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disability and who is involuntary unemployed after having made reasonable efforts to

maintain the employment relationship shall not be subject to disqualification under this

section

for

such

separation.”

I.C.

§

22-4-15-1(c)(2).

Whiteside

argues

that

this

subsection should be interpreted to excuse employees not only for their own disability,

but also for the disability of a family member. We disagree. This subsection does not

expressly include any language to indicate disability of anyone other than the claimant

should be considered. This subsection is not ambiguous and giving the words their plain

and ordinary meaning, it does not include disability of relatives of the claimant. It would

be necessary to add in additional words, phrases, and elements to read in such an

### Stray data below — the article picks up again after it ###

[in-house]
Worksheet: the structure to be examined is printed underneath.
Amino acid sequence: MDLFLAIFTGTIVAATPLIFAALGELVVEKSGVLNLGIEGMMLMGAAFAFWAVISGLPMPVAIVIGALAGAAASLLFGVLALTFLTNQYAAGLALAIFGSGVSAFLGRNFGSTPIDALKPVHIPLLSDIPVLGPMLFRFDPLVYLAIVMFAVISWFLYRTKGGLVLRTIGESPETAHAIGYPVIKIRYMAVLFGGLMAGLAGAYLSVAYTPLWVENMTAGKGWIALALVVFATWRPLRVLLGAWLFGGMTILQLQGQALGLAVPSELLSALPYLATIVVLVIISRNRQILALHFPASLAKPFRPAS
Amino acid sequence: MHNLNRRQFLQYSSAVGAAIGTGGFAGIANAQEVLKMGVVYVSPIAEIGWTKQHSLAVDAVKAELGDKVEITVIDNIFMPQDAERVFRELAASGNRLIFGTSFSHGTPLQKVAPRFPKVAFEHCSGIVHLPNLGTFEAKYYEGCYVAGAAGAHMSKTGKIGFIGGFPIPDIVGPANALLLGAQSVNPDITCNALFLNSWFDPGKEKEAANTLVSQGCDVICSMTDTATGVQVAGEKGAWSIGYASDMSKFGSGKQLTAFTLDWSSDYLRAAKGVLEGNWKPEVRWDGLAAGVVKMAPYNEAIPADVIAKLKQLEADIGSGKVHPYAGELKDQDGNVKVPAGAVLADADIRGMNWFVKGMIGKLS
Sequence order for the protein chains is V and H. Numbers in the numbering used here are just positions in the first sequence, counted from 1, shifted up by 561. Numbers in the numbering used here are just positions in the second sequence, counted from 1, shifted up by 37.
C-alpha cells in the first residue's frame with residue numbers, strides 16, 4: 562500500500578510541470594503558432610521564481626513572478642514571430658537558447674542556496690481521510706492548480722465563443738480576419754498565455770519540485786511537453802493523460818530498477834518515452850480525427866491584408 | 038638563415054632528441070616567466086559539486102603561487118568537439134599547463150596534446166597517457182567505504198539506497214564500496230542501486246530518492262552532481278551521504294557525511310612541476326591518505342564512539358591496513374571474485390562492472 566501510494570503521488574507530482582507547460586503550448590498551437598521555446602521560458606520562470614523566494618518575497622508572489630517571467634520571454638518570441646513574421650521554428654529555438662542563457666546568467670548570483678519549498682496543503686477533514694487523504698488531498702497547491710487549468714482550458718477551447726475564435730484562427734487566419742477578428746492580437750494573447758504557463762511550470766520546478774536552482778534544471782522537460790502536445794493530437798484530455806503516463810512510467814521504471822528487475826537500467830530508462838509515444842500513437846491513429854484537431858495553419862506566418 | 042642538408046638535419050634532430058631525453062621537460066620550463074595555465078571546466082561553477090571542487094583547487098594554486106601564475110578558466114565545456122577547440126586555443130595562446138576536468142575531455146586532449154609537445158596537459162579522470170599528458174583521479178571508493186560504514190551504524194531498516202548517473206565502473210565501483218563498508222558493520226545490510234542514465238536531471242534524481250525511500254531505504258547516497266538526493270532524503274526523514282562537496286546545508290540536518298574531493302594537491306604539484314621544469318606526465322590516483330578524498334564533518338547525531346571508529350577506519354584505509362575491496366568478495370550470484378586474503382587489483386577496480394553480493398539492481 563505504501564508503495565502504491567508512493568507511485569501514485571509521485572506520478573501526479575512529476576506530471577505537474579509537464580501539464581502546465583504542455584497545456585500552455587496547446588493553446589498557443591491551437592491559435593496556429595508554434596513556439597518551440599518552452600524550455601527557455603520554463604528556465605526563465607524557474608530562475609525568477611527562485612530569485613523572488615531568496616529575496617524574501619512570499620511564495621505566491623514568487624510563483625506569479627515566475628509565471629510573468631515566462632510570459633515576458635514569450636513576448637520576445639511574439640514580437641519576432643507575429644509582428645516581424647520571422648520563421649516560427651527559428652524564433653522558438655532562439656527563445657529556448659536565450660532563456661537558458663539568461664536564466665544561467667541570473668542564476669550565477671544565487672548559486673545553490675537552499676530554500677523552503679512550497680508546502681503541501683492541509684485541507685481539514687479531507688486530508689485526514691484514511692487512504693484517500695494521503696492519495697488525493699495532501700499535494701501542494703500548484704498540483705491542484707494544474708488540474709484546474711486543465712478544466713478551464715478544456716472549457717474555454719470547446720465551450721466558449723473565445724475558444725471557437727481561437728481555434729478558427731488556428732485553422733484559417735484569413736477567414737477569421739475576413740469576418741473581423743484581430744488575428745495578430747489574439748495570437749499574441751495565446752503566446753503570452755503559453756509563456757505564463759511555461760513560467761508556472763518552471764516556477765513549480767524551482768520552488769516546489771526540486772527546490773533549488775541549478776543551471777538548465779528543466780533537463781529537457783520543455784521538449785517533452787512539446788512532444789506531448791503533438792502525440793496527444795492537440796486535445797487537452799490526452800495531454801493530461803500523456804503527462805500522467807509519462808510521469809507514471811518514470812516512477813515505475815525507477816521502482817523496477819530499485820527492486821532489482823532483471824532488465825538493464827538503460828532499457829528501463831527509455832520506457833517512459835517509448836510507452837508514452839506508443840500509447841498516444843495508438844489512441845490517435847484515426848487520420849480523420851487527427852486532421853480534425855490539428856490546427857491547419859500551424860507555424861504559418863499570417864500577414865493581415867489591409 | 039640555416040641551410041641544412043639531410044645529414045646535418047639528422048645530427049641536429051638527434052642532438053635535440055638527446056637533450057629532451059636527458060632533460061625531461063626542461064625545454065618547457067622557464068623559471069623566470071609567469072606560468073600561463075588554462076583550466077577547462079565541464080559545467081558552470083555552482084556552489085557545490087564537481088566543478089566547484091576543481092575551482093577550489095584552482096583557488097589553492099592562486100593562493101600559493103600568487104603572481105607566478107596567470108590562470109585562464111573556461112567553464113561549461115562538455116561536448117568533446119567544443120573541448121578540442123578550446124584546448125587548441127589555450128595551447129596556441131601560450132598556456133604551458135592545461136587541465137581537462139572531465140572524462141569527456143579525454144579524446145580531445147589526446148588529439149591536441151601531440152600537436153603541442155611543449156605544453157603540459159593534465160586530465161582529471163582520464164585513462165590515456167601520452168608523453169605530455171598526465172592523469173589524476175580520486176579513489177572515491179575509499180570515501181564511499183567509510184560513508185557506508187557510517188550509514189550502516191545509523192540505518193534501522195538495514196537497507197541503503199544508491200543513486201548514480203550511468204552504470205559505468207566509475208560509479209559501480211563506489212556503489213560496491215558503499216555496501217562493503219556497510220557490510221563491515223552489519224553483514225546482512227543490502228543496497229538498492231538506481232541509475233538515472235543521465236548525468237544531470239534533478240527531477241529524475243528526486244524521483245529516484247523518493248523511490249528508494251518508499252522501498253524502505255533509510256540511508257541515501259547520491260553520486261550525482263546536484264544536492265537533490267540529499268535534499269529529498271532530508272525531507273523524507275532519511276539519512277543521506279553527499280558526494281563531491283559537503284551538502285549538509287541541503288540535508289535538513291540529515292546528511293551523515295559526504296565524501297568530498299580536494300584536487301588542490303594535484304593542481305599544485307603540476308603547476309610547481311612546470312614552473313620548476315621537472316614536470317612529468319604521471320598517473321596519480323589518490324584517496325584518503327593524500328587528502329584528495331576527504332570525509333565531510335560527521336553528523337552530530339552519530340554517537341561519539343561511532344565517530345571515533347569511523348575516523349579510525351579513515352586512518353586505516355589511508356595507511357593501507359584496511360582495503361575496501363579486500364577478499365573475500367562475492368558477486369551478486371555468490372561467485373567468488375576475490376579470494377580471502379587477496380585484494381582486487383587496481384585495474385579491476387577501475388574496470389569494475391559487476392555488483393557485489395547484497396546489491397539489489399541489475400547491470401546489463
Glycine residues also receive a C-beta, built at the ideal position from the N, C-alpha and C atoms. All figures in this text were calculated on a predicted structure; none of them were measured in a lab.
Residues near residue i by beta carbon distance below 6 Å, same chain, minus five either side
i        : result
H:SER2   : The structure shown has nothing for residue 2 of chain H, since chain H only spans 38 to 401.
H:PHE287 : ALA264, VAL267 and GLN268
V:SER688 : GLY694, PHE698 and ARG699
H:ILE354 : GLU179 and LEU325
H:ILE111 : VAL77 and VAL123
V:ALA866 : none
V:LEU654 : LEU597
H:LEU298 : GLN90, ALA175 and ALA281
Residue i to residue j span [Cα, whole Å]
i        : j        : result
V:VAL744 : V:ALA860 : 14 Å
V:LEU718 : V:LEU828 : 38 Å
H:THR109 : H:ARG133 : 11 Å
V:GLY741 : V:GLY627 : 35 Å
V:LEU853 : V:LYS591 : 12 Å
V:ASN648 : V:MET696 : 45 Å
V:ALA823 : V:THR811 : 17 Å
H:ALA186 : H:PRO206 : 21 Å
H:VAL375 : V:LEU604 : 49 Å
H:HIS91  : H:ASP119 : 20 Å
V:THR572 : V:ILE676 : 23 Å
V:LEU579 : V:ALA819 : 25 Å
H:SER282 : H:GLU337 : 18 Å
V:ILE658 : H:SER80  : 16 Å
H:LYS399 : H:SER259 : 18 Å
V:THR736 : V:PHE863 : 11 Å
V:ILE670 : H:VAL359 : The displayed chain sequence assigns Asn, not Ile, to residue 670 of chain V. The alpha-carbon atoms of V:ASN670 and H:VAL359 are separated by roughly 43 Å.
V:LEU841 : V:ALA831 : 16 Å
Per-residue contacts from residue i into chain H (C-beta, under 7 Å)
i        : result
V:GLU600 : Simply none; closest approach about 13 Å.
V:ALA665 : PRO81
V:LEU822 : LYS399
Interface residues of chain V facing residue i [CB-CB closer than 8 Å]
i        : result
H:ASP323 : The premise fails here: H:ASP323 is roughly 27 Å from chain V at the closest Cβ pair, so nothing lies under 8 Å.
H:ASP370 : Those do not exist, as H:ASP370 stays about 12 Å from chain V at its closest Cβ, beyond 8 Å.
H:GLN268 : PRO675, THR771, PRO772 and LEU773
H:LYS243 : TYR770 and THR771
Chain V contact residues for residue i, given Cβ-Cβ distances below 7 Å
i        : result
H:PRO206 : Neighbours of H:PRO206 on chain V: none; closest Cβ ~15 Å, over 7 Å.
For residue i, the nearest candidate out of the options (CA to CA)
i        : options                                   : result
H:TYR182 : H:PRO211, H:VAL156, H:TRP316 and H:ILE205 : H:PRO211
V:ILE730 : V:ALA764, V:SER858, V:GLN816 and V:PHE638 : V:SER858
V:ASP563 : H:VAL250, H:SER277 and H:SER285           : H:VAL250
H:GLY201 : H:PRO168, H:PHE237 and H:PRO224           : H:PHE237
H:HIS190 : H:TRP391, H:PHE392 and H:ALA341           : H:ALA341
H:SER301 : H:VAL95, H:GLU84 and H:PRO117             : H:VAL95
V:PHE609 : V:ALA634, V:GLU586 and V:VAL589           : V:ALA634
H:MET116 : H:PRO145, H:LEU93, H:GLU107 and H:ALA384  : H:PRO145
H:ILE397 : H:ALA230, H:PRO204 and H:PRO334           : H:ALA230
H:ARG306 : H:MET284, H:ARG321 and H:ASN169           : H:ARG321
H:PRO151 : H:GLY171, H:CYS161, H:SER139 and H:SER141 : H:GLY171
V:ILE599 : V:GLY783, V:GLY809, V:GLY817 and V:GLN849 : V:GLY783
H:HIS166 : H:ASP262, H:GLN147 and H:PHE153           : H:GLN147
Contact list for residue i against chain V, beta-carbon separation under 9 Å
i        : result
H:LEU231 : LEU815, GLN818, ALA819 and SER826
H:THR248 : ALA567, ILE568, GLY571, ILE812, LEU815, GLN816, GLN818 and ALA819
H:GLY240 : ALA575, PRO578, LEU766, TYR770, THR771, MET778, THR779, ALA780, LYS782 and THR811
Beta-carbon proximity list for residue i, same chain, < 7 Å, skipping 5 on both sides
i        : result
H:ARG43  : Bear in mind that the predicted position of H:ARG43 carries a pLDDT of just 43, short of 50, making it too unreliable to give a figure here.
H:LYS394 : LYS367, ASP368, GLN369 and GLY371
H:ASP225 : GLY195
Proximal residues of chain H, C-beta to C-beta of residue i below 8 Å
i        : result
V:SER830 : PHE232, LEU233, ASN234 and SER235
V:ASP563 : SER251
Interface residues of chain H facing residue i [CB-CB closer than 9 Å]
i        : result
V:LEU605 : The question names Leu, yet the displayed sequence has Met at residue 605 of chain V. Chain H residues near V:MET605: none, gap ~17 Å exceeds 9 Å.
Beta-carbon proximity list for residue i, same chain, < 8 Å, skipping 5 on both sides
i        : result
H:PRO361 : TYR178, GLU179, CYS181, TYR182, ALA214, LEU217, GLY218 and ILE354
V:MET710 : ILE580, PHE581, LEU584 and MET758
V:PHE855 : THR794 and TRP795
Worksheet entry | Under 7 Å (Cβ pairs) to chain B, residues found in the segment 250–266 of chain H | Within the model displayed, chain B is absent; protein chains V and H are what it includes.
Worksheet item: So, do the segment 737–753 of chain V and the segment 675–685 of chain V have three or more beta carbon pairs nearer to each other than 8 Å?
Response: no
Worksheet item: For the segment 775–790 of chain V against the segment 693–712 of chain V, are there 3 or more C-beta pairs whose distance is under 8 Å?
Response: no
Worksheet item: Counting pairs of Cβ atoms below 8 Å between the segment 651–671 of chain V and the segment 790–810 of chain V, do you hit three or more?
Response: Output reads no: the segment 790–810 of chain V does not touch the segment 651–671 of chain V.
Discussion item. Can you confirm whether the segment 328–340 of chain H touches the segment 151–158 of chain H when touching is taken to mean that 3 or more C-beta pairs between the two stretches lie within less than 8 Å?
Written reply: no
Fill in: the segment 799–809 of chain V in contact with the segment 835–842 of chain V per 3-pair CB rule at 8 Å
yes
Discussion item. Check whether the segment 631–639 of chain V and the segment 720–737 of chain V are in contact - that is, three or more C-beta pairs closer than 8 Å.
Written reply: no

expansion of the subsection. We will not engage in re-writing this statute. GPI at

Danville Crossing, 867 N.E.2d at 653 (“Nothing may be read into a statute which is not

within the manifest intention of the legislature as ascertained from the plain and obvious

meaning of the words of the statute.”).

Taken in context with the entire statutory section, this language relied on by

Whiteside

clearly

only

refers

to

“an

individual’s”

disability.

Each

subpart

within

subsection “c” of the statute begins with the phrase “an individual.” See e.g. I.C. § 22-4-

15-1(c)(1) (“An individual shall not be subject to disqualification. . .”); I.C. § 22-4-15-

1(c)(3) (“An individual who has left work to enter. . .”); I.C. § 22-4-15-1(c)(5) (“An

otherwise qualified individual. . .”). Whiteside’s interpretation does not comport with a

reading of the statute as a whole. Izaak Walton League of America, Inc. v. DeKalb

County Surveyor’s Office, 850 N.E.2d 957, 965 (Ind. Ct. App. 2006), trans. denied,

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